Green Beret awarded Silver Star for deadly Afghanistan mission
Trudging through mud up to their waists, members of the Army 10th Special Forces Airborne Group were determined to complete their mission in Afghanistan: Target known enemy safe havens and disrupt refit operations of several high-level Taliban leaders.
For this effort, Green Beret Sgt. 1st Class Brian Seidl was presented with the Silver Star award at Fort Carson, Colo., on Feb. 1.
Seidl earned the Silver Star for his actions during the Battle of Boz Qandahari, Afghanistan, on Nov. 2-3, 2016, according to the U.S. Army release.
The night’s fighting resulted in several casualties, including two Green Berets killed in action, and the loss of one-third of the 59-man force to injuries, according to the release.
The team cleared the first two compounds of interest (COI) without incident and collected intelligence. Bad weather was moving in, which meant it was time to move.
“We determined to bypass our third (COI) and go straight to our fourth,” said Seidl, team sergeant, in the release.
But there was a problem.
“The lead blocking position calls up and says, ‘Hey, we’ve got a huge metal gate blocking the road,’” Seidl said.
The area was a known Taliban hideout. Seidl and his team described the scene as “ominous.”
The team was ambushed.
“We heard a distinctive thud, and we both turned to look at the gate,” Seidl said. “That’s when the first grenade detonated.”
Several Afghan soldiers and sergeants were caught in the blast. The scene was lit up by attacking forces coming from all sides.
Seidl described watching his team leader, Capt. Andrew Byers, take action.
“Byers sprinted past me,” Seidl said. “He just ran straight into the smoke and the dust.”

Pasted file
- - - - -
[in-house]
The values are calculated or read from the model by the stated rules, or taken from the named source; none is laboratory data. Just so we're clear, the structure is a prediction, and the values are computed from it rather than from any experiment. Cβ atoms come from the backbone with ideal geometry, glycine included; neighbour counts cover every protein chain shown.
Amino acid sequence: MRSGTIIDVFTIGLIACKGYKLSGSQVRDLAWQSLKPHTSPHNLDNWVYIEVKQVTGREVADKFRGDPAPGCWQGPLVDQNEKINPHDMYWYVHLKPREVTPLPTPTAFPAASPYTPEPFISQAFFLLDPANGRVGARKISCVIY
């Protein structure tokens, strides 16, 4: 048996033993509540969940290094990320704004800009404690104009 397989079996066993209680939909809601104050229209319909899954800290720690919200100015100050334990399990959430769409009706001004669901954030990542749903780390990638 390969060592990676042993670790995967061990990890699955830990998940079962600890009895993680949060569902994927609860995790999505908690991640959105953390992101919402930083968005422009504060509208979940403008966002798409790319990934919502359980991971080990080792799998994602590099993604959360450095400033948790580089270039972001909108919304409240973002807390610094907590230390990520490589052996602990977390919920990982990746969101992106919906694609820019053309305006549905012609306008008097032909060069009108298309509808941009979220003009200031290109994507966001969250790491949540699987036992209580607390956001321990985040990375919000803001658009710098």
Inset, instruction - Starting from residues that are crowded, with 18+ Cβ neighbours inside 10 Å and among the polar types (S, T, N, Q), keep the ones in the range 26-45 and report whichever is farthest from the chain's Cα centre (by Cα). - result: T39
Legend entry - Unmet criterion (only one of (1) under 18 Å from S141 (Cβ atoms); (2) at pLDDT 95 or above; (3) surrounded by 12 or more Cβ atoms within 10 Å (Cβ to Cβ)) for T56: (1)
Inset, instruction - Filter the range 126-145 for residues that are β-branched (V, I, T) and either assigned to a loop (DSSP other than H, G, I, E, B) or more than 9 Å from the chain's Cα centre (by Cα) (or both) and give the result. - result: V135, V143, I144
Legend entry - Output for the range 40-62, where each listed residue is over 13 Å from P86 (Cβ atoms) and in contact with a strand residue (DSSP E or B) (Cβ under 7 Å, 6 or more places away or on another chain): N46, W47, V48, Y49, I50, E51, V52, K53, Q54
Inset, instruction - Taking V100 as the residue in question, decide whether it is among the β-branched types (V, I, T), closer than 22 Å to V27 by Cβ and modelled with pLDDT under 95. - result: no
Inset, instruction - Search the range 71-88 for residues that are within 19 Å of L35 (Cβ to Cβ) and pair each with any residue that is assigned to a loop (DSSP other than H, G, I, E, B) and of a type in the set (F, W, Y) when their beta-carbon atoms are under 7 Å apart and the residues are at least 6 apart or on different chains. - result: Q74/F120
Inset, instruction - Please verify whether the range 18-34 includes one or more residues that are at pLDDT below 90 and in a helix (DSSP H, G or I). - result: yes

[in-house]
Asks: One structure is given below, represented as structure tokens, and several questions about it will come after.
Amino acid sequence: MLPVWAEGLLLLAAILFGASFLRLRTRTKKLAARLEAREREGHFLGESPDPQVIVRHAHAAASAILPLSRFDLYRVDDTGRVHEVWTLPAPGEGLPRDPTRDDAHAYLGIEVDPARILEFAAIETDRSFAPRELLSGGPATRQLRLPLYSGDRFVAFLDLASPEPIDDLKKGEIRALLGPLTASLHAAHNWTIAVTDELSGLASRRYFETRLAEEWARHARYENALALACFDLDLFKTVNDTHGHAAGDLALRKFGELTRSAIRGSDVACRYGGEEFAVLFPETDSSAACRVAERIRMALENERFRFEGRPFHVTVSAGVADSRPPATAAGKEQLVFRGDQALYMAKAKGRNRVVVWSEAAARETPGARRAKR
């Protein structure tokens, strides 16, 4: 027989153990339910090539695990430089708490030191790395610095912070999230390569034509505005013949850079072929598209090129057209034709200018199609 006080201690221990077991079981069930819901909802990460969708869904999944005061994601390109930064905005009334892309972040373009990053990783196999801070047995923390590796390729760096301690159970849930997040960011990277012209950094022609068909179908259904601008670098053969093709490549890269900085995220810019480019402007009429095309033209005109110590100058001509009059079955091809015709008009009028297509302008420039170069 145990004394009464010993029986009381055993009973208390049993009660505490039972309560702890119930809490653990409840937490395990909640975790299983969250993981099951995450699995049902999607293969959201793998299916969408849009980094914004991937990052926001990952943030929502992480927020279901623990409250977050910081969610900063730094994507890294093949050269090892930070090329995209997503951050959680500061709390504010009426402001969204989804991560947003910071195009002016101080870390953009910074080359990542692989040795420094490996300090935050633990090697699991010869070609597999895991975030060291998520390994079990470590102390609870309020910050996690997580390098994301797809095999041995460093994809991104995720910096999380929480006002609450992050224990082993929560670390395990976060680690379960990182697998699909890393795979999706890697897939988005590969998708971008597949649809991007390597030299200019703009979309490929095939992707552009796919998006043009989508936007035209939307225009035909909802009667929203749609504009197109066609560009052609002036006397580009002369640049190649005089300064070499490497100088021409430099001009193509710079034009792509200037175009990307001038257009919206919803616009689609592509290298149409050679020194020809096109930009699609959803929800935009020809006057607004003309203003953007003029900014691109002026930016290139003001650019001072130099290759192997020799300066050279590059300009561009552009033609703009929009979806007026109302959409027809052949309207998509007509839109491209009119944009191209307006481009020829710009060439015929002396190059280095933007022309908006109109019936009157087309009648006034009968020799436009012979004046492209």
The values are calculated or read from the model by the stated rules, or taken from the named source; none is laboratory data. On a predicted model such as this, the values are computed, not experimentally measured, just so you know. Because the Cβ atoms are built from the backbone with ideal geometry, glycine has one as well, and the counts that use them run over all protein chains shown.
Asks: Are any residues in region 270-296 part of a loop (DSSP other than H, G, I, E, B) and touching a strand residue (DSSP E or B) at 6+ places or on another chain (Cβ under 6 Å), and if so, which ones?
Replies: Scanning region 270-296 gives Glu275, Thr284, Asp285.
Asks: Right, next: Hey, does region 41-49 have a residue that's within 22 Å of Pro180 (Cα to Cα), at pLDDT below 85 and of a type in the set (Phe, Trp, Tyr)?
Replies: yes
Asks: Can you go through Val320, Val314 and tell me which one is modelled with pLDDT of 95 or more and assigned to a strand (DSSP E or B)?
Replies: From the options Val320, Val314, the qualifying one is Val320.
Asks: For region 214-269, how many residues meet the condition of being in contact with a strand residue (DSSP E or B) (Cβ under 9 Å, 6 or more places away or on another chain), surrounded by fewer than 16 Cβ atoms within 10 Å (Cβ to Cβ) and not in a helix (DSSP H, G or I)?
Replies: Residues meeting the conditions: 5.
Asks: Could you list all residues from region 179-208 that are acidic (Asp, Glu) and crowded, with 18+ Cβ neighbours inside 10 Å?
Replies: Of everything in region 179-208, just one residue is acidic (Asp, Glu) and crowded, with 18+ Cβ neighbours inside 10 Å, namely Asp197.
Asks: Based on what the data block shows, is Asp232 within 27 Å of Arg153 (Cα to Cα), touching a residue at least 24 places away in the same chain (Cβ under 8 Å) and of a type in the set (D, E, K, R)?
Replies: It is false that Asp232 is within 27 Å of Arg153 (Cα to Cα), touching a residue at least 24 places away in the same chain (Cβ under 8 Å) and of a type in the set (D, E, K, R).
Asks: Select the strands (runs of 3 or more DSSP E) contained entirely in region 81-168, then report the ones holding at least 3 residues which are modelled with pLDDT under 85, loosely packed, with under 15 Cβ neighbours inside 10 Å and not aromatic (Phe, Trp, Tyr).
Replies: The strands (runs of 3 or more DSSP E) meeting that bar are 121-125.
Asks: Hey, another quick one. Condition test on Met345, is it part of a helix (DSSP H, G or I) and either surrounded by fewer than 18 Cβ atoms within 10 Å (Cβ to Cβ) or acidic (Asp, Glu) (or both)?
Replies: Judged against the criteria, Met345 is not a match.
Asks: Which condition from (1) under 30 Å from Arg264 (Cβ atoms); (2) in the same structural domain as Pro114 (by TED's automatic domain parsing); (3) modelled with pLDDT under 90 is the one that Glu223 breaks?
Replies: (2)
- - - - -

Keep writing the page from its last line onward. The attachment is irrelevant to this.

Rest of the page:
Seidl followed suit and together the two pulled a fallen Afghan out of the “kill zone,” according to the release.
News came of another fallen Green Beret, who quickly was dragged back from the fighting by a staff sergeant. Seidl arrived at the Green Beret’s and staff sergeant’s location. Talking about the sergeant, Seidl said he was engaging the enemy from three directions, all the while protecting the man down.
Now the Green Beret is recovering from his injuries at Walter Reed National Military Medical Center.
Back to the gate, Seidl and Byers attempted to breach it by throwing fragmentation grenades inside and rallying Afghan soldiers into action, according to the release.
“That’s when I hear the first boot kick the gate,” Seidl said.
Byers had attempted to kick the gate open and grab an object holding it closed. He was mortally wounded.
Thirty-minutes later and the team had the defensive foothold it needed.
MEDEVAC requests were called in, and reinforcements were requested to help facilitate movement out of the area into a landing zone, according to the release.
With about a third of his force depleted by casualties, Seidl’s team was forced to hold their position until a quick reaction force could arrive to assist in exfiltration, according to the release.
“For two hours we fought in that compound,” Seidl said. “(We) fought for our lives.”
But the fighting wasn’t over. The enemy opened fire again as the group attempted to get its wounded out of the fighting.
MEDEVAC was called to land immediately, picking up Byers, who died from his wounds during the flight. He was posthumously awarded the Silver Star.
The mission was completed the morning of Nov. 3.
“I felt content with the effects that we had on the enemy that night,” Seidl said.
In total, 27 Taliban insurgents along with three high-value area Taliban commanders were killed, according to the release.
“I feel content that their network was severely hindered and damaged, and probably going to be out of commission for quite a while.” Seidl said.
Seidl called it a “bittersweet victory” because the team was hit hard.
“For his efforts and taking charge of a severely injured and depleted force, leading them out of a kill zone and establishing a defensive posture that repelled every subsequent attack, for making the tough call on multiple danger-close air strikes near his own position in an effort to eliminate an overwhelming enemy force, and for leading every man under his charge out of a hostile city after inflicting catastrophic damage on multiple Taliban enemies, Seidl was recognized and awarded with the Silver Star Medal,” according to the release.
The team overall was awarded three Silver Star Medals, three Bronze Stars — two with valor— four Army Commendation Medals with valor and six Purple Hearts.
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